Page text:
Politics & Diversity – Pt I

Written by James O. Rodgers

DNC Day 1

The first thing that struck me about the convention was the DNC’s summary of the diversity of the delegates. On every newscast covering the convention, it was noted that:

24% of delegates are African American.
12% of delegates are Latino/Hispanic
6% of delegates are gay/lesbian
4% of delegates have physical disabilities.
17% of delegates are 36 or younger
12% of delegates are 65 or older
49% of delegates are men
etc.

The report is one thing. Reality is another. So, I was careful to “observe” that the optics of the convention actually matched the statistics that were being proffered. There is a message here. And, it is not that the Democrats are unusually progressive. It is that diversity is, as I have predicted for twenty years, becoming an ever-increasing fact of national life. And the trend is not about to reverse itself.

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We have lamented over and again that the face of leadership, politics, business, and other institutions does not reflect the actual makeup of our population. Even at the convention, the majority of the key speakers in prime time were still White men, (Clinton and Obama being the notable exceptions). But, if leadership evolves from the ranks of the institution, the above statistics clearly indicates that the old order cannot long endure. This is a microcosm of our society. What caused the diversity mix to be so broad at the DNC? Was there a deliberate effort on their part to recruit a more diverse mix? Or, is it that the natural order of things produced this mix of elected delegates and the DNC simply had to say, “sure, come on in. You can play”.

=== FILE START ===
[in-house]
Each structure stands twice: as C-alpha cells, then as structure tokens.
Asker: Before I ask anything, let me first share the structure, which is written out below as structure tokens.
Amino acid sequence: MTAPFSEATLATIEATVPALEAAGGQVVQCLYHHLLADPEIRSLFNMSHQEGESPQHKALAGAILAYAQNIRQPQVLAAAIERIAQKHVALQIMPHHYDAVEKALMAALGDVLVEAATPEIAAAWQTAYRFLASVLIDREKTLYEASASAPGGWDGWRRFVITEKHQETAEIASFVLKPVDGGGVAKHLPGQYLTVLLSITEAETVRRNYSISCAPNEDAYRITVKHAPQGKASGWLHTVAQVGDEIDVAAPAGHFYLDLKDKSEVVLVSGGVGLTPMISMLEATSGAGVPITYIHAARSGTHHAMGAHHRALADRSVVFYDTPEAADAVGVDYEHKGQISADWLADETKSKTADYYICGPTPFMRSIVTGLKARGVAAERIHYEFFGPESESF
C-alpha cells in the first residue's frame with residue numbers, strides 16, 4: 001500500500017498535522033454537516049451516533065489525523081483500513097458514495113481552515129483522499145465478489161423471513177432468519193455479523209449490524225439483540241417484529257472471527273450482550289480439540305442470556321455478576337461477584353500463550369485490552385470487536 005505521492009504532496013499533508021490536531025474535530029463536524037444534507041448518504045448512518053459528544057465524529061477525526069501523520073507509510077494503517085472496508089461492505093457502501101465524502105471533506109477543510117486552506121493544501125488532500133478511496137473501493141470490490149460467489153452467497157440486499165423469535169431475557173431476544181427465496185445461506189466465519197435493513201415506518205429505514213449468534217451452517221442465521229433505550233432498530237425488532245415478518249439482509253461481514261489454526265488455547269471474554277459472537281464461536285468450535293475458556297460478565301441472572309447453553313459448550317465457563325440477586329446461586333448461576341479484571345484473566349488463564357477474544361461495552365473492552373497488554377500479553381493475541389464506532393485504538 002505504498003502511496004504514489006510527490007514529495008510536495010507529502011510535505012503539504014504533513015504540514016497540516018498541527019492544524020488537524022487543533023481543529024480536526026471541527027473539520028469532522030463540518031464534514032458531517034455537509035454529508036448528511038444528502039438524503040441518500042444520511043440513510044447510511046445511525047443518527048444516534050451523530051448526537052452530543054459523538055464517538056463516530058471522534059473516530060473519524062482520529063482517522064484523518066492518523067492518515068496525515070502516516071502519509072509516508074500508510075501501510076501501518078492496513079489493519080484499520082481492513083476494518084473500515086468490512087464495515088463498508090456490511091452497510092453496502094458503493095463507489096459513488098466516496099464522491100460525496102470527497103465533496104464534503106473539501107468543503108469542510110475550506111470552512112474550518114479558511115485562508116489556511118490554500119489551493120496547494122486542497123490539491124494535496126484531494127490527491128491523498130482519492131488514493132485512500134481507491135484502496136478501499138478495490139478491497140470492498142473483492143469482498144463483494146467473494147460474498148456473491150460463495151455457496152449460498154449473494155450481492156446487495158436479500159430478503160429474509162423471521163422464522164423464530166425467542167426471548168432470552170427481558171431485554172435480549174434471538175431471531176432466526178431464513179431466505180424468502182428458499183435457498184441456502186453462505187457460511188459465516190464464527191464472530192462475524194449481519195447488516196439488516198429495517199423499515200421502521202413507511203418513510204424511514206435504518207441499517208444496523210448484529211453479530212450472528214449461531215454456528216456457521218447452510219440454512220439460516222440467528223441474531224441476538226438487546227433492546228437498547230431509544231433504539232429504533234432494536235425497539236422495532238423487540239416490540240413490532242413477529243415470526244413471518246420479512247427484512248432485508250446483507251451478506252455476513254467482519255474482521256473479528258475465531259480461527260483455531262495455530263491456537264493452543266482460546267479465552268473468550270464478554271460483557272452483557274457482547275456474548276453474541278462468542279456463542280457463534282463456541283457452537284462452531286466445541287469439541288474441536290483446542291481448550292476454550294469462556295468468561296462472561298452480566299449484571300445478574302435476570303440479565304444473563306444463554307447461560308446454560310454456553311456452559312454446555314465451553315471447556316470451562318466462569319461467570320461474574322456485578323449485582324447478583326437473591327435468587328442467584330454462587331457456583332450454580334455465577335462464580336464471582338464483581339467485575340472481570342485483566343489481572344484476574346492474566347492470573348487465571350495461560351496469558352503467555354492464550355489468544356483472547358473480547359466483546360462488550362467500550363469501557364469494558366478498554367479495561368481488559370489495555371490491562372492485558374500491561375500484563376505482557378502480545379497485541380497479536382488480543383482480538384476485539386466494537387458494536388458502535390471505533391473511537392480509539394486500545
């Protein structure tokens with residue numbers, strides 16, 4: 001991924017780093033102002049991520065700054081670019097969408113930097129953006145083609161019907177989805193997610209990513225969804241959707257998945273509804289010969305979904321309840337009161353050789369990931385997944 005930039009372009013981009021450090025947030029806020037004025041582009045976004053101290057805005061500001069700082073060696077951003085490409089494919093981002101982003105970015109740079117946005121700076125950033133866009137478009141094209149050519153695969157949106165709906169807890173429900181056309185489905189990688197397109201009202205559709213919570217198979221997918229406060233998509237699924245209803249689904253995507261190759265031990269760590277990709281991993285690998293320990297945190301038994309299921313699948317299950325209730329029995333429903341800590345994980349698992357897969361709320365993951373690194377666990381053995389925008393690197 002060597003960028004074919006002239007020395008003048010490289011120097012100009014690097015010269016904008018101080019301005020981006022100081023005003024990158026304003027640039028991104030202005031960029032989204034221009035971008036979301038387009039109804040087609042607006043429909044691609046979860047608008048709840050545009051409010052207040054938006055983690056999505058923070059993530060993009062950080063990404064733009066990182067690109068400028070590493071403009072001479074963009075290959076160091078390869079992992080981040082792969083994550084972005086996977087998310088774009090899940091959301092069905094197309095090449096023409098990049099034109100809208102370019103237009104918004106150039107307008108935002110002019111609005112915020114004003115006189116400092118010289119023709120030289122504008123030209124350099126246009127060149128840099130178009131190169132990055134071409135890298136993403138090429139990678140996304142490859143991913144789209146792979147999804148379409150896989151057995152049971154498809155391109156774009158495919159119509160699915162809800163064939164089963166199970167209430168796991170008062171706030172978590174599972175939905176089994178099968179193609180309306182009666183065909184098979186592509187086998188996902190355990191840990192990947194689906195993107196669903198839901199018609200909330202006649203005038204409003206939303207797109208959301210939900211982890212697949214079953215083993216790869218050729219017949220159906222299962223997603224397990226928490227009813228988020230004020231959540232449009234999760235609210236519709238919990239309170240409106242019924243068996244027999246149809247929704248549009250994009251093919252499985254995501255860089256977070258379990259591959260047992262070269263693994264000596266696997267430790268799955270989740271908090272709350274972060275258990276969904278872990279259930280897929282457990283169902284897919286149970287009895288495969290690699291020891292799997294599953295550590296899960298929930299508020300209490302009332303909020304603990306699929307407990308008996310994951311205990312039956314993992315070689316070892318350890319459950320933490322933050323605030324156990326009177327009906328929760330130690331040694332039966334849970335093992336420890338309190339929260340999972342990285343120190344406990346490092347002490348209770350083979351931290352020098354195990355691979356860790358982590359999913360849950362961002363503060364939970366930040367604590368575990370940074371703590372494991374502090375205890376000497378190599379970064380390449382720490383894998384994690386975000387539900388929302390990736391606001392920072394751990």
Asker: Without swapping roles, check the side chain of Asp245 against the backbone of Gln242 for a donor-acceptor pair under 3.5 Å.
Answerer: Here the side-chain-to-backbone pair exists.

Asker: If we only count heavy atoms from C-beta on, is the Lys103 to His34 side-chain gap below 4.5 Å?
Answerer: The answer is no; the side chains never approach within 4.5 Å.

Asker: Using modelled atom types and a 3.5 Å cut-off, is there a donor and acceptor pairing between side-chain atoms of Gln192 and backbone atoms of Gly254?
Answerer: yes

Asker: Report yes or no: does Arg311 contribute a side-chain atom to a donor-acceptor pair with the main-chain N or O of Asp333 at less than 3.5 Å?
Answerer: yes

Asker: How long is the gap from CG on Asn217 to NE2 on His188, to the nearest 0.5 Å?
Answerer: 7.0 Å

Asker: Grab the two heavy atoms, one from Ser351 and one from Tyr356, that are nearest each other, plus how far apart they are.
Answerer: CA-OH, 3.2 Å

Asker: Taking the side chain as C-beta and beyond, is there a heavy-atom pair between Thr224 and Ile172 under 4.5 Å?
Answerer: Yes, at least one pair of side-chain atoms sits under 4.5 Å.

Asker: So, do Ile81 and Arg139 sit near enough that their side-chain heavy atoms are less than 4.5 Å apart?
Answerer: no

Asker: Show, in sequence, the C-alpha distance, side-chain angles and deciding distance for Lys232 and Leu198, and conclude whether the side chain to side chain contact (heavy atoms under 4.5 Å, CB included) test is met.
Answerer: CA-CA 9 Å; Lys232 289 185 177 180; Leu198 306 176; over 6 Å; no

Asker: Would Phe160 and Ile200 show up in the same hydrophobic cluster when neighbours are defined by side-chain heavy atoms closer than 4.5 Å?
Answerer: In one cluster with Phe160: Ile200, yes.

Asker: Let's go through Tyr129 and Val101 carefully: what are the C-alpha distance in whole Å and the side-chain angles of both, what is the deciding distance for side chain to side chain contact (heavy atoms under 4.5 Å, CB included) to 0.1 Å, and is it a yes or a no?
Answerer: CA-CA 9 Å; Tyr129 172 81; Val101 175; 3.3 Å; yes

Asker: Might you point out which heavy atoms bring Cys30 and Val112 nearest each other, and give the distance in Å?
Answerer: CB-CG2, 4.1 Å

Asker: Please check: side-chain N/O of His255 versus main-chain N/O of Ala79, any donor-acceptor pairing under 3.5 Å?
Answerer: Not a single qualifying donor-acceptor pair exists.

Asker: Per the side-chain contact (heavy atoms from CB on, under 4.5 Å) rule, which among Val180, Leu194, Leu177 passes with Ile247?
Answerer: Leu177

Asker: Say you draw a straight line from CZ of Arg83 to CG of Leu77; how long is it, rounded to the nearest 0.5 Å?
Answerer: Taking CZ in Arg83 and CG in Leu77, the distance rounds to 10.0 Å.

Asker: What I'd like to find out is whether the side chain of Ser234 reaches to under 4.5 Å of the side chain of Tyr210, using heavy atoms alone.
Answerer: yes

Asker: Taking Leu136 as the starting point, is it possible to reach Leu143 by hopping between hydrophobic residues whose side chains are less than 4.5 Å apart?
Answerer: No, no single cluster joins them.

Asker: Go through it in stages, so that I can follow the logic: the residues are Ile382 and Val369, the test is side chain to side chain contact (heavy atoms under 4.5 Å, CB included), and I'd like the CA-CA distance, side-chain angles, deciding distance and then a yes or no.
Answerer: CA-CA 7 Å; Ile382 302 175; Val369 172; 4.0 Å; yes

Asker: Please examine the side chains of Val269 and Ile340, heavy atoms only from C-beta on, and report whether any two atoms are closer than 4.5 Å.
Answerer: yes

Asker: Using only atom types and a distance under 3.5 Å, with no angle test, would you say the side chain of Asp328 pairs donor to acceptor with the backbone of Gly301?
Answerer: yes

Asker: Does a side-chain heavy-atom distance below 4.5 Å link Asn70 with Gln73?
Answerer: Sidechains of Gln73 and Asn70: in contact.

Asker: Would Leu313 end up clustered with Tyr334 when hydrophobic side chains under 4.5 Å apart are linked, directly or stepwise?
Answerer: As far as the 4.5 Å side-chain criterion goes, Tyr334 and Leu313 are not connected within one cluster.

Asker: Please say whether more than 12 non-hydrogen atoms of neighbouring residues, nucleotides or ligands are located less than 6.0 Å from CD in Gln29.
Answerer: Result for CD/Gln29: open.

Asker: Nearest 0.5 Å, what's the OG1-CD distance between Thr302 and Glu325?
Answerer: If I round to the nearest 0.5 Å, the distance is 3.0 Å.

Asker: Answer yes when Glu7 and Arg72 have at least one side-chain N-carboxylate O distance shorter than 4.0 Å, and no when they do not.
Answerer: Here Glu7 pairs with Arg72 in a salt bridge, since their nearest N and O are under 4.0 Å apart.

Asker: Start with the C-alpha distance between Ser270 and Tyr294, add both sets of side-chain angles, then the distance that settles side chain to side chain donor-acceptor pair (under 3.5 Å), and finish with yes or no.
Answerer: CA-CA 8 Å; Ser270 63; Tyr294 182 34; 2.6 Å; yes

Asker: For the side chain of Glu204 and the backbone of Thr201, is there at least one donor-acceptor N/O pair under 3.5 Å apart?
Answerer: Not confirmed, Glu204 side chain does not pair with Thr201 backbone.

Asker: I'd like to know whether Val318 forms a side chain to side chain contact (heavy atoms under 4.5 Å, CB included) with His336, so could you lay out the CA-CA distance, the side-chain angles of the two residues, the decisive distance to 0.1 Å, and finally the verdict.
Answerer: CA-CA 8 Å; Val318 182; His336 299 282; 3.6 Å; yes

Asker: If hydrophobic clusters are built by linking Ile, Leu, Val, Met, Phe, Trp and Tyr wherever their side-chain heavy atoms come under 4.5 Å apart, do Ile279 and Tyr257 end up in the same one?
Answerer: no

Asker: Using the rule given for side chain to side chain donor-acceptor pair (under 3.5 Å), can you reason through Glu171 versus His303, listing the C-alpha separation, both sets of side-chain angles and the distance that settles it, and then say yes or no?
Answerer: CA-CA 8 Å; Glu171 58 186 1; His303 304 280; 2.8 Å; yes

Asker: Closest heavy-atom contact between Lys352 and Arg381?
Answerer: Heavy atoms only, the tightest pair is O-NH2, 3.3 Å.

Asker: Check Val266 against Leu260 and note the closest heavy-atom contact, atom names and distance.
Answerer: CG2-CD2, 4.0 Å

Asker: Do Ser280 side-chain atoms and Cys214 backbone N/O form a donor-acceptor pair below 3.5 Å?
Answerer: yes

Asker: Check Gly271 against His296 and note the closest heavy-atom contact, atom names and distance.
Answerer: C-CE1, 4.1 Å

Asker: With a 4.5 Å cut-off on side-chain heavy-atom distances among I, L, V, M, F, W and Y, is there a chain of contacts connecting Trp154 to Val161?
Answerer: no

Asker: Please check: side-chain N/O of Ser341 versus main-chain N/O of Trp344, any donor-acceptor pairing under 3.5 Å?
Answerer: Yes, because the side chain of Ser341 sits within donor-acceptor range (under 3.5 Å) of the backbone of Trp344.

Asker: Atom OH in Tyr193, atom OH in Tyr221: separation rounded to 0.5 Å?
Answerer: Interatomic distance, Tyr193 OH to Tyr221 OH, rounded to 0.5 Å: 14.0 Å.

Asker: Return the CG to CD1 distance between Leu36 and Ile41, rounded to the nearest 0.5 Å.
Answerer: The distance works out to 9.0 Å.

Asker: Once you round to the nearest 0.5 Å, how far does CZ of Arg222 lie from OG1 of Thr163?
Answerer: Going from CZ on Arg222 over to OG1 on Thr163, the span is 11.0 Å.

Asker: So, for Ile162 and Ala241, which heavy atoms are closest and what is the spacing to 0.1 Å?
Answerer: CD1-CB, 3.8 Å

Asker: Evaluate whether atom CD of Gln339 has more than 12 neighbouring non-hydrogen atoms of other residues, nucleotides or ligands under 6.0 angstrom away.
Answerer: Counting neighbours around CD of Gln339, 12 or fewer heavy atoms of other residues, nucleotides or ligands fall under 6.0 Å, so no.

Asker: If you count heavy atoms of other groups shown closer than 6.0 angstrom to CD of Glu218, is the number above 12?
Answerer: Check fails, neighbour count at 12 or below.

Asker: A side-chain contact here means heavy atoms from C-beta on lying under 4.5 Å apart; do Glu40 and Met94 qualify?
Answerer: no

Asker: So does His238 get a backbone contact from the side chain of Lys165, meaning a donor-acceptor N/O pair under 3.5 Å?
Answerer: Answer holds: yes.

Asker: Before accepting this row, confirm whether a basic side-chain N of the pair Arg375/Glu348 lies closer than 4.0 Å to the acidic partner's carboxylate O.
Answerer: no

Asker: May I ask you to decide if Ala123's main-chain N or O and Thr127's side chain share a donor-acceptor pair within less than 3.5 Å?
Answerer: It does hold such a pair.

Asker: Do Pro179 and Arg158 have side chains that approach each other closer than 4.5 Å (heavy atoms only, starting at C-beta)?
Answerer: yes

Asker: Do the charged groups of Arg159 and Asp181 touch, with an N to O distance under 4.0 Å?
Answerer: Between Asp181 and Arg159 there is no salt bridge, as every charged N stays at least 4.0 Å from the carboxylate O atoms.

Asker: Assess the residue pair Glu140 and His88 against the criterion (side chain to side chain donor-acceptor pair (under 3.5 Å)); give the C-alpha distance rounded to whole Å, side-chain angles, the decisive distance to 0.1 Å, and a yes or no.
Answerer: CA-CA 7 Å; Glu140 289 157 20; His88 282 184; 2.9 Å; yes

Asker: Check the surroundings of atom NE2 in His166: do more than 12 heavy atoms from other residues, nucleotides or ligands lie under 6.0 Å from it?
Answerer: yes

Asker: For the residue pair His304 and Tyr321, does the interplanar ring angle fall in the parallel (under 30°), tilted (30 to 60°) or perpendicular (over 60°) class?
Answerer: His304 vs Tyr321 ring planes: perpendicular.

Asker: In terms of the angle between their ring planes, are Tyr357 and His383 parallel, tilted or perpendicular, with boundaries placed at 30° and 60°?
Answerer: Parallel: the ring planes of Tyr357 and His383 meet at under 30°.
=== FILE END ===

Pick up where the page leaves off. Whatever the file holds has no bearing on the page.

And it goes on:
I continue to advise my clients that traditional diversity (minority recruitment, image, workforce profile, etc.) is not worthy of their time, attention, and investment. In fact, I said to some of my consulting colleagues recently, any organization would have to work extra hard to keep increasing diversity from sprouting up. (of course, there are some who have chosen to do that hard work, but their days are numbered if they keep it up). The bigger challenge is what I call diversity management. When talent shows up in different packaging, will organizations be willing to say, like the DNC, “sure, you can play. Come on in”

Again, we will see that necessity and evolution will produce change that never yielded to entreaty (translation, don’t force the mix, let it evolve naturally. But be prepared to welcome it when it comes).

America will never return to the days when white, non-Hispanic, heterosexual, able-bodied men will dominate the numbers or the agenda. Some may lament that fact and try to resist the inevitable. Of course, the healthier response would be to “get use to it”.